(Here is a snippet of Sarah Swenson's upcoming book, PROFESSIONAL SUPPORT FOR NURSERY ASSOCIATIONS.)
You have learned how to block things in such a way that you have less chance of being accused or criticized. You have learned to distinguish with good skills the difference between when it is okay to talk and when it is best to wait another time.
You also know when all you can do is keep your mouth shut. Sometimes, when you do this, tears burn your cheek.
Then you hear, "What is the matter now; "
And what do you hear? You hear the word now. That's all.
Because, once again, your partner has read the expression of your person, concludes and concludes you wrongly. You have decided and condemned you with the critical tone and the last word now, as if your emotional life was a constant attack on them.
That's when you feel crazy.
You feel crazy because you know that there is no satisfactory answer to this question. If you are despised to describe your reluctance to look at a topic, you are in danger of saying that you are ridiculous. If you make real efforts to explain the thoughts or feelings you initially resisted sharing and which first brought tears, your partner's critical reaction tells you right away that you are smarter when you initially decided to keep them to yourself. By giving them a voice, you have just created the situation you are afraid of: your partner not only does not understand what you are talking about but also rejects your feelings, and above all, he is outraged or disappointed by the fact that you have been crying to get attention their – which was a very passionate cry for attention to it.
Yes, that's when you feel crazy.
You caught with double bond.
You can speak your mind, and you will be judged or criticized.
You can stay calm and be judged or criticized.
You can not win.
You're probably not even sure about the normal one that looks like. You think it can have something to do with getting what you want.
I would suggest that there is more than that.
It has more to do with getting what you need.
Believe that you are not asking for the moon or stars when you ask your partner to hear you. You believe that you have the right to request it. Please believe you are injuring yourself thinking that you should expect nothing less.In a close relationship, thanks to the agreement you both entered freely, you have the right to expect that your partner will respect you enough to listen to you, listen to you and take care enough to have your back. To respond to your feelings. To listen to your concerns. To discuss the things that are in your mind.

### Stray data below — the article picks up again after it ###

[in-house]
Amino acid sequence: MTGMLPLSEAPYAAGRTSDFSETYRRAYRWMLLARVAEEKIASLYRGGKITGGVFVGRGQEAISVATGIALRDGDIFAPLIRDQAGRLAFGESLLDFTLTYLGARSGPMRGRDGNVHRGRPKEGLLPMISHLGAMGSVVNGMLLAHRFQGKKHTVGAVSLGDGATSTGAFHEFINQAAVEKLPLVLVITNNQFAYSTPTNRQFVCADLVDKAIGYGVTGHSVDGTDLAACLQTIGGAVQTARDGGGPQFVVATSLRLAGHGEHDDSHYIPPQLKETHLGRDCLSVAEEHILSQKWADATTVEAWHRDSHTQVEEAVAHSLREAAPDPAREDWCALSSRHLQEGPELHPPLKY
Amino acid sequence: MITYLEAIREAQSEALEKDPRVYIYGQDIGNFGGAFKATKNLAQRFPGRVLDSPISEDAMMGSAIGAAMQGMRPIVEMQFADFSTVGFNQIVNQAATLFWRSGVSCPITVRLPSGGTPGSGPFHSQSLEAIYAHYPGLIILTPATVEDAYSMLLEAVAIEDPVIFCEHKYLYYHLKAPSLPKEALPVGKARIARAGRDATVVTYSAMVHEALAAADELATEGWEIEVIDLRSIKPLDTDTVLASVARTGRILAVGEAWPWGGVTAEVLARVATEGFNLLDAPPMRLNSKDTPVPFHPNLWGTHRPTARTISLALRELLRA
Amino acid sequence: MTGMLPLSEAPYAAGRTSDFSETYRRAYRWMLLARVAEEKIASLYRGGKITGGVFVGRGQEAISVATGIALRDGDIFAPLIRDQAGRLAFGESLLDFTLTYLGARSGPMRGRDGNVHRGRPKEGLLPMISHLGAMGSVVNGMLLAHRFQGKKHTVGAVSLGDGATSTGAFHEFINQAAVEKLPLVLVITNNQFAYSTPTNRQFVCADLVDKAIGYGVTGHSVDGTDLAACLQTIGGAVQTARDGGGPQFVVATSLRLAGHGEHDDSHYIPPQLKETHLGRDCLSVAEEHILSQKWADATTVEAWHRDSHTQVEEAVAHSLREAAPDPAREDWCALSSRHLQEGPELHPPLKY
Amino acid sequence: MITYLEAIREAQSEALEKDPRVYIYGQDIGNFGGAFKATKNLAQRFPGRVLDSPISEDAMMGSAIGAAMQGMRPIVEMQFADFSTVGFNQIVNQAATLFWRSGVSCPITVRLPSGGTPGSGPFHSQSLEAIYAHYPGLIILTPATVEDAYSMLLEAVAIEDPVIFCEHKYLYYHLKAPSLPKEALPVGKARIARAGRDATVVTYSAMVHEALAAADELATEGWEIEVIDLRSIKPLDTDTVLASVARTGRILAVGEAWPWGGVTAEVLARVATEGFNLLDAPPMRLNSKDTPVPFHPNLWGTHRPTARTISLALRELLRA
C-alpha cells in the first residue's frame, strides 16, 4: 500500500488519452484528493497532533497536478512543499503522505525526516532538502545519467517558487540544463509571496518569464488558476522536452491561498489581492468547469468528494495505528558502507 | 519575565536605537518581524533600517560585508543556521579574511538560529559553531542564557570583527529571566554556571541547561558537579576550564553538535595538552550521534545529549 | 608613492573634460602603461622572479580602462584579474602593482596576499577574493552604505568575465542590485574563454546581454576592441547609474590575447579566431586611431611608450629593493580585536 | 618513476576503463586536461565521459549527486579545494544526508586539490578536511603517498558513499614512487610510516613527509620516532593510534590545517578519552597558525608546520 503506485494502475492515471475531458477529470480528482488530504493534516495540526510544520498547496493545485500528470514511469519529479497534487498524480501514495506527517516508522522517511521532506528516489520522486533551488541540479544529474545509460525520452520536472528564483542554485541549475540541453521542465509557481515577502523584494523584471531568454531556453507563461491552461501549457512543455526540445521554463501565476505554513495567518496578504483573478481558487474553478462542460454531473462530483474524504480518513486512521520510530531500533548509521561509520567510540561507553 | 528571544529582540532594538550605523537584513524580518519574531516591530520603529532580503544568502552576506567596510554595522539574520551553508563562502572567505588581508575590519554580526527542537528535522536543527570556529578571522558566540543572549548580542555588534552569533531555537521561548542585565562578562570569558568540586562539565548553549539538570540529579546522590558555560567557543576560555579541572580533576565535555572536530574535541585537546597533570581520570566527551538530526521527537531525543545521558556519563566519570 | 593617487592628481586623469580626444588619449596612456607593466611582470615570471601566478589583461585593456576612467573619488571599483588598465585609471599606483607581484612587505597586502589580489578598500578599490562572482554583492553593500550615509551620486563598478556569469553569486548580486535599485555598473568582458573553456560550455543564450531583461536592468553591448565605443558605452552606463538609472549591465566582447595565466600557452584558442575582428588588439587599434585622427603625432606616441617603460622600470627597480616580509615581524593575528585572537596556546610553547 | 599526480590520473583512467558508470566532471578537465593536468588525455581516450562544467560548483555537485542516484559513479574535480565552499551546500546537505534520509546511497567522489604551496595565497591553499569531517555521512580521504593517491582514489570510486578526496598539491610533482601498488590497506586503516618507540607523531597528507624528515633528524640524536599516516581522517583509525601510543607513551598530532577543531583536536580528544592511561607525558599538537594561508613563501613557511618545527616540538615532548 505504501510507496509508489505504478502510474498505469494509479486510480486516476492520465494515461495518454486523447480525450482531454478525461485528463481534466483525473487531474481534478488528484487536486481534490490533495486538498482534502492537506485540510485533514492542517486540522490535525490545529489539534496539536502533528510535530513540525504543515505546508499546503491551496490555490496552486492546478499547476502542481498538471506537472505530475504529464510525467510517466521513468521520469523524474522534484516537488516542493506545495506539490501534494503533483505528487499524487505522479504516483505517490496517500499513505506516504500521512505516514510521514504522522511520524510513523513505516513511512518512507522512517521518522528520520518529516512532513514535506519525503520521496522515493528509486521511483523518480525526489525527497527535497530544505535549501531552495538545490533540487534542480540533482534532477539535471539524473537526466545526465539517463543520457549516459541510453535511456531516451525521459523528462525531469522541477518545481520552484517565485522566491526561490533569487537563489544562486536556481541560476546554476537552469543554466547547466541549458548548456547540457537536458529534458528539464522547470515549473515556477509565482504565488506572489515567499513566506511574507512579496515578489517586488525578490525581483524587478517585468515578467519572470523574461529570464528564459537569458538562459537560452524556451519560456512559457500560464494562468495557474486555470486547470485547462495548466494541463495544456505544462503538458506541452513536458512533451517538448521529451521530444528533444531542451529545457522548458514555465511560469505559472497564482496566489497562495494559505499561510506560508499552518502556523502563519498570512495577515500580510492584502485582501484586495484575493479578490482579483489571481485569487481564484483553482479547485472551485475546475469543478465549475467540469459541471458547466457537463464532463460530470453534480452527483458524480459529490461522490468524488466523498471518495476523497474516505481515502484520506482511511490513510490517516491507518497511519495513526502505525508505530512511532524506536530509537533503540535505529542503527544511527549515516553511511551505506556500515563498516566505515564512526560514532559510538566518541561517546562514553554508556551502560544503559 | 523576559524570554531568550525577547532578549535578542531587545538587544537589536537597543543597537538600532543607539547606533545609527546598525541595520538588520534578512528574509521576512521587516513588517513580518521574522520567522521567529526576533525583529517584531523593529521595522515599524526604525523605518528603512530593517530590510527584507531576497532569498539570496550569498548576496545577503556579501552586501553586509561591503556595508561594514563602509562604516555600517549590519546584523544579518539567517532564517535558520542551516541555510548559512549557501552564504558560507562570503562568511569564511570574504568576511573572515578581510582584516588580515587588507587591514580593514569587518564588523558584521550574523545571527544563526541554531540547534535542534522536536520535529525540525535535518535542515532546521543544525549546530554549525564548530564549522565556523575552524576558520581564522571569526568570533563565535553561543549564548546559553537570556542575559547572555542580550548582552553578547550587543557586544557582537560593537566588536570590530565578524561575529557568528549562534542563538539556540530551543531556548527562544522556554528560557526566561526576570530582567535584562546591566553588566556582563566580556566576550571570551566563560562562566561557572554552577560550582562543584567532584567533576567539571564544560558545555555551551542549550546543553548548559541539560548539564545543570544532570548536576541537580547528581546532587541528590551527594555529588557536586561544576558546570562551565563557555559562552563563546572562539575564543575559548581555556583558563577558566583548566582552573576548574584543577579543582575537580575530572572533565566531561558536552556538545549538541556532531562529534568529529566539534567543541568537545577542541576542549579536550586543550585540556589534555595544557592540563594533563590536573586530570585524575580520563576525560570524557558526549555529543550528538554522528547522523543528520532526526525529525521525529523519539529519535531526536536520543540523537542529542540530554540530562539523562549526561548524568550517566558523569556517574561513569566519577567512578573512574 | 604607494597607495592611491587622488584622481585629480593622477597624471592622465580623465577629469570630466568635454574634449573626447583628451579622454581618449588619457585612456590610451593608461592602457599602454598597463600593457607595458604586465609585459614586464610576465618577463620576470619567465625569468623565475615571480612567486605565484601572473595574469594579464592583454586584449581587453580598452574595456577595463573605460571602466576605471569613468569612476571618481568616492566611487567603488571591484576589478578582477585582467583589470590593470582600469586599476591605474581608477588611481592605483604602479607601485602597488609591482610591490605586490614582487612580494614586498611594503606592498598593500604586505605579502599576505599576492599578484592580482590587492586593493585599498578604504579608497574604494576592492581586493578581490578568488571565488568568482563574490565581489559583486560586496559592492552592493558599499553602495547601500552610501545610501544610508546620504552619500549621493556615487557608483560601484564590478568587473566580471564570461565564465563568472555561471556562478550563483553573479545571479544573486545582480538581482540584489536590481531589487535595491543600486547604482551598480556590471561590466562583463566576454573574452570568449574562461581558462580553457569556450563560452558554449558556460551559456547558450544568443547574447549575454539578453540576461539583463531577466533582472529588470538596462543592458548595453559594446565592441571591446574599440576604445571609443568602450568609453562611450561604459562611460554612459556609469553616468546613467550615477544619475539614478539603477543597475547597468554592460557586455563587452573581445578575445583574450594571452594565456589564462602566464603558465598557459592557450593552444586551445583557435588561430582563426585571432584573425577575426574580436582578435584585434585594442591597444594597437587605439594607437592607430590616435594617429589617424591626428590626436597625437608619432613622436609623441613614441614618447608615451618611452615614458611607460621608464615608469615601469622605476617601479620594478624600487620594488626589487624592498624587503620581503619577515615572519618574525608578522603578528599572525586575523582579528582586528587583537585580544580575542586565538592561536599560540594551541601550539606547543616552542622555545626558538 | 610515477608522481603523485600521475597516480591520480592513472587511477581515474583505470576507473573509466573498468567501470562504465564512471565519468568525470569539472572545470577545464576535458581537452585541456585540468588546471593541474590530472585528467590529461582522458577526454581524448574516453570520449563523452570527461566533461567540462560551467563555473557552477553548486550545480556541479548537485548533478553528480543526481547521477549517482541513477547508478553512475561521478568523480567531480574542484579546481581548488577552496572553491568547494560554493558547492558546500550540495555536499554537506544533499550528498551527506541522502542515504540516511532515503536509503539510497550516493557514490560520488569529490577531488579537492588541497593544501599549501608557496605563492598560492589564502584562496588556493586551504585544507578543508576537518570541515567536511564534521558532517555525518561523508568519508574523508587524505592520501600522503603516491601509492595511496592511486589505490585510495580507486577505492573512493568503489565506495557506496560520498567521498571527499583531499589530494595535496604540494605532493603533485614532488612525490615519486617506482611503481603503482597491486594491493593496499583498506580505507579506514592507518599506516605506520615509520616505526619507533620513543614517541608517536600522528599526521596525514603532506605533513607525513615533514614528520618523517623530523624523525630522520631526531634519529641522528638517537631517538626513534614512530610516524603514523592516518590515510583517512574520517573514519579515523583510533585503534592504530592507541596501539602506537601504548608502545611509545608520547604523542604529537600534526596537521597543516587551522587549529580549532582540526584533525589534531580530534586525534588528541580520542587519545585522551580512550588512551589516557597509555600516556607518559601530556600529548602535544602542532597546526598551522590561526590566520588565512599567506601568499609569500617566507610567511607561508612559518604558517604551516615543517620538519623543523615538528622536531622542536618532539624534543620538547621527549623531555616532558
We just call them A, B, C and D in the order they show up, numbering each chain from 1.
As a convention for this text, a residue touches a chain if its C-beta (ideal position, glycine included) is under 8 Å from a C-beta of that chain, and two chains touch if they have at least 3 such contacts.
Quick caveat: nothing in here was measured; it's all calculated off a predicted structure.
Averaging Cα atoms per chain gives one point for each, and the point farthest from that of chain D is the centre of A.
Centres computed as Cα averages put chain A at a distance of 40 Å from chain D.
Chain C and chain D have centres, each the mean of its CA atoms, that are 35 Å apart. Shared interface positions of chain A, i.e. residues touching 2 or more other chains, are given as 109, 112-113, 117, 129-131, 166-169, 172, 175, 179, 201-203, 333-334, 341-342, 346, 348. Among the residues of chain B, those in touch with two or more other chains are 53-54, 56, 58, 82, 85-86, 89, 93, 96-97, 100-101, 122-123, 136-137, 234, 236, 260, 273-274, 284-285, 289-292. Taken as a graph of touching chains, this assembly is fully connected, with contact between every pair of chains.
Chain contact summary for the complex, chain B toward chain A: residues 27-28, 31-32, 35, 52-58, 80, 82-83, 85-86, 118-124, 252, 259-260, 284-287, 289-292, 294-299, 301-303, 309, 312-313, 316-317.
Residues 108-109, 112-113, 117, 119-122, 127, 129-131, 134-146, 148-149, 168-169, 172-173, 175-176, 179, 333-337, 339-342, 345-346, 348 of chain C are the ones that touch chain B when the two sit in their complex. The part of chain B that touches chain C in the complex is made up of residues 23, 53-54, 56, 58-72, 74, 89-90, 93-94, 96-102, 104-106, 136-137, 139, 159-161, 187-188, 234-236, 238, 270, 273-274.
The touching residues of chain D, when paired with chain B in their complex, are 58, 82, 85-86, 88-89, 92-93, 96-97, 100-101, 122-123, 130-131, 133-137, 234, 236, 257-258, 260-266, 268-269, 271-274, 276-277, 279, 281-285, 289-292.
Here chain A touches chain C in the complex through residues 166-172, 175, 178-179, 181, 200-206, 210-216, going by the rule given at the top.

These are not just the things you want.
These are essential components of your mental health.
When they are missing out on a relationship and especially when they are replaced by blame, judgment or criticism – when you get the message that you do not even have the right to have such an opinion or you are out of mind think about it – these are the times of deeper pain. These are the moments of greater loneliness. These are the moments when your self-esteem is at greatest risk of erosion.
Believe that you are not asking for the moon or stars when you ask your partner to hear you. You believe that you have the right to request it. Please believe you are injuring yourself thinking that you should expect nothing less.
You are not mad to expect your partner to respect and love you. That you promised when you entered this relationship.
It is still valid to believe.
If your partner does not hold the side of the deal, it is not a reflection of your self-esteem. It is a reflection of their inability or reluctance to give the person who loves them what they need.
Changes are feasible to the extent that your partner is willing and able to start a conversation that cuts the root of your non-hearing. This may require the help of a counselor. If you are lucky, your partner will agree to take the steps to healing.
I leave you with one more thought: you are not crazy. In fact, it would be crazy to think that it was worth anything less than respect and love from your partner. Unfortunately, emotionally unavailable people often persuade their associates that they deserve exactly what they get: nothing.
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